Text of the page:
Herbivore: The biggest threat to herbivores is an improper diet that includes the wrong type of fat and protein. Herbivores are able to uptake and utilize heart-healthy nutrients provided by a vegetarian diet, including dark, leafy greens and seaweed. Today’s vegetables, grains and grasses are often grown in depleted soil, so it’s important to provide natural supplements like seaweed and for some species, raw mineral salt.

Omnivores: Dogs are the most popular pets that fall into the omnivore category in regards to diet. Contrary to what some have come to believe, dogs are scientifically classed as omni-carnivores, not obligate carnivores. That makes it very easy to provide them with a variety of foods and supplements that benefit the cardiovascular system, including those high in Omega 3 and Phytonutrients.

Supplements often recommended for pets to naturally treat or prevent heart problems:

Omega 3 Fatty Acids
Sea Cucumber Extract
Terminalia arjuna Bark
Dandelion Leaves
Devil’s Claw
Polygonum multiflorum (Fo-ti) root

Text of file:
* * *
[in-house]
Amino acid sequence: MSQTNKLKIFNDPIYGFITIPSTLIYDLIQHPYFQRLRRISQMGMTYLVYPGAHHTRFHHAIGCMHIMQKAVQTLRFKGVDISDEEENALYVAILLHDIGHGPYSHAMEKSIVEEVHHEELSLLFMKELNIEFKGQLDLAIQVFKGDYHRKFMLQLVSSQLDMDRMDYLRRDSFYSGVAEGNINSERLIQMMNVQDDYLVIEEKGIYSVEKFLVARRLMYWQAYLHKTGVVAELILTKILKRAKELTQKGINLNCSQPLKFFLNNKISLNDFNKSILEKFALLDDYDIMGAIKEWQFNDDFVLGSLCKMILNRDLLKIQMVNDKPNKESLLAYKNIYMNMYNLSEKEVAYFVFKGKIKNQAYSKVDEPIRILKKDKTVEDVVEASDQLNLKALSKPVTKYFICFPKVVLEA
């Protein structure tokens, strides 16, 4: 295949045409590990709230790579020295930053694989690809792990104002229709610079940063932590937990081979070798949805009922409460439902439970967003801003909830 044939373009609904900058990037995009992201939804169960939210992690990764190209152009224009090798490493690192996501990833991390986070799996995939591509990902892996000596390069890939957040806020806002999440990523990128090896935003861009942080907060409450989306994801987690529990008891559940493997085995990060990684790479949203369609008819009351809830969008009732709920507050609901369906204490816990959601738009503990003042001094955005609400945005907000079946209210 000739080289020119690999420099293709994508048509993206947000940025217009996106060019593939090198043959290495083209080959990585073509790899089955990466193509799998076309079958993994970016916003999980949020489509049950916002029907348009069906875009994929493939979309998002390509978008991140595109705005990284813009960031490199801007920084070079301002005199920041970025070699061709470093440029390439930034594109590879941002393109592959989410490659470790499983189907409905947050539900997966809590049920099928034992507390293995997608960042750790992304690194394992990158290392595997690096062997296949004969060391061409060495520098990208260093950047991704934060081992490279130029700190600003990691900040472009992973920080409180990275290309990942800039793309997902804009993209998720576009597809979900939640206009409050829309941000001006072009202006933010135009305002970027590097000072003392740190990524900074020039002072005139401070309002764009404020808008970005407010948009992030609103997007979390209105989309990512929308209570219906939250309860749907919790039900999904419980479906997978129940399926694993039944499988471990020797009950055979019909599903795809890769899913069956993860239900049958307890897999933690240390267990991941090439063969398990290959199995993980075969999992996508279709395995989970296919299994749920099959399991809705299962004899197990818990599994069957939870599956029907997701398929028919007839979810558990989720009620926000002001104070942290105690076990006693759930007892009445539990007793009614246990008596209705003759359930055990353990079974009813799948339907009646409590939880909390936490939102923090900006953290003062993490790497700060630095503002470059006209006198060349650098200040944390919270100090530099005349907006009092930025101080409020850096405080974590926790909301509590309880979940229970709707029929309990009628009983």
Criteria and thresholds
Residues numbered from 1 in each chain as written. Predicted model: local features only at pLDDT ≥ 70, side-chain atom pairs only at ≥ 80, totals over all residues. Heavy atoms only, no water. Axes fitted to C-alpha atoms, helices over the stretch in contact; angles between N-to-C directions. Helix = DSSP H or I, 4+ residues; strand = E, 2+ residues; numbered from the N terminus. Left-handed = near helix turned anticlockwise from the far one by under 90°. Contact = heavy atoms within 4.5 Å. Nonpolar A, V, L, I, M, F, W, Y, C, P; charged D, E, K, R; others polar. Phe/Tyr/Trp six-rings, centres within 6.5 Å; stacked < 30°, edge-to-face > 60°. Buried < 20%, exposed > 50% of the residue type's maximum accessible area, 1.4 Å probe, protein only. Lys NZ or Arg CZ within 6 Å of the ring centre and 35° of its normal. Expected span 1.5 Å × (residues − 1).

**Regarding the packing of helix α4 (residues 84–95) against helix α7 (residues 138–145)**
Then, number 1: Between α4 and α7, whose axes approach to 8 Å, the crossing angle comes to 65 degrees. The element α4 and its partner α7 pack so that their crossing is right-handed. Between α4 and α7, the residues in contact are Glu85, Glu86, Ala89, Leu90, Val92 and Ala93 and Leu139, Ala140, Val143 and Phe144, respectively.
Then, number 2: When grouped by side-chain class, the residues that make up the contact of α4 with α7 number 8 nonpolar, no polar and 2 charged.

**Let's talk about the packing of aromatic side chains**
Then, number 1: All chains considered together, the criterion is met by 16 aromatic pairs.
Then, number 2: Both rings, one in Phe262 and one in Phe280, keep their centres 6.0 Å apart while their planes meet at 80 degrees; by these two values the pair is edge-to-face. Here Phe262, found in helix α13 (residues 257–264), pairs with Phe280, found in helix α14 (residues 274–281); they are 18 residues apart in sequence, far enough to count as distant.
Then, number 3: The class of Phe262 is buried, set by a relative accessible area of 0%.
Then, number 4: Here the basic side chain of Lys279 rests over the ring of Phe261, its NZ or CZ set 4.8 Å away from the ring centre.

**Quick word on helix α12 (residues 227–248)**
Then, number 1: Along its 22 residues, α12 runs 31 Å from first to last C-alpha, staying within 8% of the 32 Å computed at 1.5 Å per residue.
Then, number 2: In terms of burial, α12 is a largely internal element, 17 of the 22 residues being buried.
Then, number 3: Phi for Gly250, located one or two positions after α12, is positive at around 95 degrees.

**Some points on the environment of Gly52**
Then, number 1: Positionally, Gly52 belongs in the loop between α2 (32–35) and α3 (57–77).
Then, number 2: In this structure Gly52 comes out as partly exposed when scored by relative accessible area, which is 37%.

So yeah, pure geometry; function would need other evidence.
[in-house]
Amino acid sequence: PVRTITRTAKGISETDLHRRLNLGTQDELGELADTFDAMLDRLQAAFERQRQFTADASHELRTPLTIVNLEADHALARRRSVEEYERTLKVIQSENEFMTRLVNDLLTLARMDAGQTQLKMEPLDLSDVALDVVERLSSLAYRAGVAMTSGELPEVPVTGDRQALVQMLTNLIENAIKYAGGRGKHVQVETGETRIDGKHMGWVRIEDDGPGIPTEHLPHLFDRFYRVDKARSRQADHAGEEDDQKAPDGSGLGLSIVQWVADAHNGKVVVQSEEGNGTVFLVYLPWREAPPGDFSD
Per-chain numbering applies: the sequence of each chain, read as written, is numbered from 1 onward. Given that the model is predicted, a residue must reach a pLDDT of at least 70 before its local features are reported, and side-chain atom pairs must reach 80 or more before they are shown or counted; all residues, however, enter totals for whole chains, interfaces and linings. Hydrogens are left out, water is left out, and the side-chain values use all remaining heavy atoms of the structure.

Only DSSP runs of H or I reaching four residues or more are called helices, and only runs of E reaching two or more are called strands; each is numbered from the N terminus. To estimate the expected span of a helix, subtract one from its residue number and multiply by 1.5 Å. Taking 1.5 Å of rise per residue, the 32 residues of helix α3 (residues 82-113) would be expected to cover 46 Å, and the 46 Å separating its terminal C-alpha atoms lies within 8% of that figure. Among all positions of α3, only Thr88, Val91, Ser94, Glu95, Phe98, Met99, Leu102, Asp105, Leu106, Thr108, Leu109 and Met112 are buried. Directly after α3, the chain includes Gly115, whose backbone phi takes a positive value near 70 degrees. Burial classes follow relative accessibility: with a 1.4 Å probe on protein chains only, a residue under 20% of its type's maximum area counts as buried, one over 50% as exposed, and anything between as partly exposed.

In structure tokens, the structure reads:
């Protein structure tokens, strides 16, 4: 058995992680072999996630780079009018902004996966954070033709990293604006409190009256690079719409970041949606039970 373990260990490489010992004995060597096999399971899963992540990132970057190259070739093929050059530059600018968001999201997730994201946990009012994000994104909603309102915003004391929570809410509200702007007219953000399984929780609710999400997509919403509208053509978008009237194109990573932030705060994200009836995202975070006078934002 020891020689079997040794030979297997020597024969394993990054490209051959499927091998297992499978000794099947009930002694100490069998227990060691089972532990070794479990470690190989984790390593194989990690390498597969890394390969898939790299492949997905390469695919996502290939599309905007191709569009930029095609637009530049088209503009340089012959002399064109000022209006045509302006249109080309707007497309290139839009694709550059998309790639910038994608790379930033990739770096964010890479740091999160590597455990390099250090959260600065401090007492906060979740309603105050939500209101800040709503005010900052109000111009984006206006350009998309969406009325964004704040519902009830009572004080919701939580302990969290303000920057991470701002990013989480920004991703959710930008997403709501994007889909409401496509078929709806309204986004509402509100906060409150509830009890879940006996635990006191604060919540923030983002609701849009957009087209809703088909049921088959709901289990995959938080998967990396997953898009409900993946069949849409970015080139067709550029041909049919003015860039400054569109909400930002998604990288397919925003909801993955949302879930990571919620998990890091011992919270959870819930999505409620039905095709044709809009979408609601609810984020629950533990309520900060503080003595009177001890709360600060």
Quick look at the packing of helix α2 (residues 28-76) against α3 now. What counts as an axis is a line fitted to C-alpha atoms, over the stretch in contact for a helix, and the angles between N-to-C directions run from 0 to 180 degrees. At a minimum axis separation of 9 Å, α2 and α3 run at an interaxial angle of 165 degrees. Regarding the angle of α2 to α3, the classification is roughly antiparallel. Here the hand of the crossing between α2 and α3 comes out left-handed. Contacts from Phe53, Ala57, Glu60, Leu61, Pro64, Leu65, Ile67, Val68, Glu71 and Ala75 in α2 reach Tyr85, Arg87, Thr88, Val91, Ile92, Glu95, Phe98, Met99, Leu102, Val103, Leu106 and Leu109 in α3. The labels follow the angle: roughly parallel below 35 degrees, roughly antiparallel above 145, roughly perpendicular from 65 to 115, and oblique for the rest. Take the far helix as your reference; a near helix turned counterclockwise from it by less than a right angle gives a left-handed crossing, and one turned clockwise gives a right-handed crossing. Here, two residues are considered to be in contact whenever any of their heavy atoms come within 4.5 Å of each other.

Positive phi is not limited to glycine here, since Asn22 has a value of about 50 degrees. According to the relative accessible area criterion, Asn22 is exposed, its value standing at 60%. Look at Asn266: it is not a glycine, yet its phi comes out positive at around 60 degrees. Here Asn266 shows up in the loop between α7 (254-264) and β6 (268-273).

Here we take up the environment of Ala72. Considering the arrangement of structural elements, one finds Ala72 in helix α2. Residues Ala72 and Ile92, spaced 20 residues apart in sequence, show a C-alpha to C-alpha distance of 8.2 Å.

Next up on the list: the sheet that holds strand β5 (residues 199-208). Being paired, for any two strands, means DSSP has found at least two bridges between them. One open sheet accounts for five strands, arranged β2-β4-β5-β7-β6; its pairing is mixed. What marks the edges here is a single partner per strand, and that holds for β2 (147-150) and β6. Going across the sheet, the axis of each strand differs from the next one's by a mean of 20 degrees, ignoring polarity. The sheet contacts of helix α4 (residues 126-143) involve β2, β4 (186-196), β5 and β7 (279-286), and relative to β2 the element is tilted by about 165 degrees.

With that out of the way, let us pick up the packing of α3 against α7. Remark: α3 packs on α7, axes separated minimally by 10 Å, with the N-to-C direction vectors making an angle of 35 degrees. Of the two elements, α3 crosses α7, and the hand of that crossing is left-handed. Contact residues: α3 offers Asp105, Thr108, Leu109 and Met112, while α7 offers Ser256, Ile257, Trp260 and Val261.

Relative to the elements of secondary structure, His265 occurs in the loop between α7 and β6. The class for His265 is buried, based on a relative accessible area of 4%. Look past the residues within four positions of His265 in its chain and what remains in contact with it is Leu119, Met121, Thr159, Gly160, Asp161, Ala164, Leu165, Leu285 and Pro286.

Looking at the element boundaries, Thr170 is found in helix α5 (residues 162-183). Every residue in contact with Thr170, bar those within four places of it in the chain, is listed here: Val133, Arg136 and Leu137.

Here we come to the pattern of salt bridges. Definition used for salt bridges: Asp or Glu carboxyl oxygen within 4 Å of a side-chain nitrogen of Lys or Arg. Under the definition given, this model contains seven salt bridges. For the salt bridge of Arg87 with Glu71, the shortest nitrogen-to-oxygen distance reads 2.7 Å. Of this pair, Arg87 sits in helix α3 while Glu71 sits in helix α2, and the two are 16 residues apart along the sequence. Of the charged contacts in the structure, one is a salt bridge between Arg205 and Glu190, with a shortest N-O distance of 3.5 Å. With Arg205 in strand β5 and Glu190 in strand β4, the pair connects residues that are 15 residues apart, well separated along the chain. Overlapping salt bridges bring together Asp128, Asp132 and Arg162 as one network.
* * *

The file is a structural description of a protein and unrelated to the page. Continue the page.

Oregon Grape
Red Clover
Vitamin B15 (DMG)
Coenzyme Q10

It’s important to note that the effectiveness of any herb or supplement depends entirely upon its quality and freshness. We rely on Starwest Botanicals for most of our herbs.

If you prefer an easier solution, there are several natural, mixed extract products designed specifically for pet heart health, including popular supplements like Young at Heart for Dog Heart Disease.

To prevent heart disease (and certainly to treat it), homemade pet food offers many benefits. You can use your pet’s favorite foods to make it more palatable without adding copious amounts of salt like most pet food manufacturers. It also makes it easy to include as many heart healthy ingredients and supplements as possible. You can bake or dehydrate tasty homemade pet treats too. Alternately, choose a premium quality natural wet pet food and mix in natural supplements.

I Heart Meatloaf for Dogs

© Formulated by Melody McKinnon exclusively for AllNaturalPetCare.com

1 pound ground turkey
4 oz minced sardines
4 oz chopped oysters or mussels
2 TBSP ground freeze-dried krill
1 egg (preferably an Omega 3 egg)
1/2 cup finely chopped broccoli
1/4 cup finely chopped red bell peppers
1/4 cup finely chopped shiitake or maitake mushrooms
1/4 cup finely chopped astragalus
1 tsp mixed seaweed/algae
1/2 tsp rosemary
1 tsp bonemeal
1 – 6 ounce can tomato paste
1 tsp extra virgin olive oil
1 cup uncooked quinoa
A dash of Calcium Montmorillonite Clay
Optional: Additional supplements chosen from the above list.

Preheat oven: 350F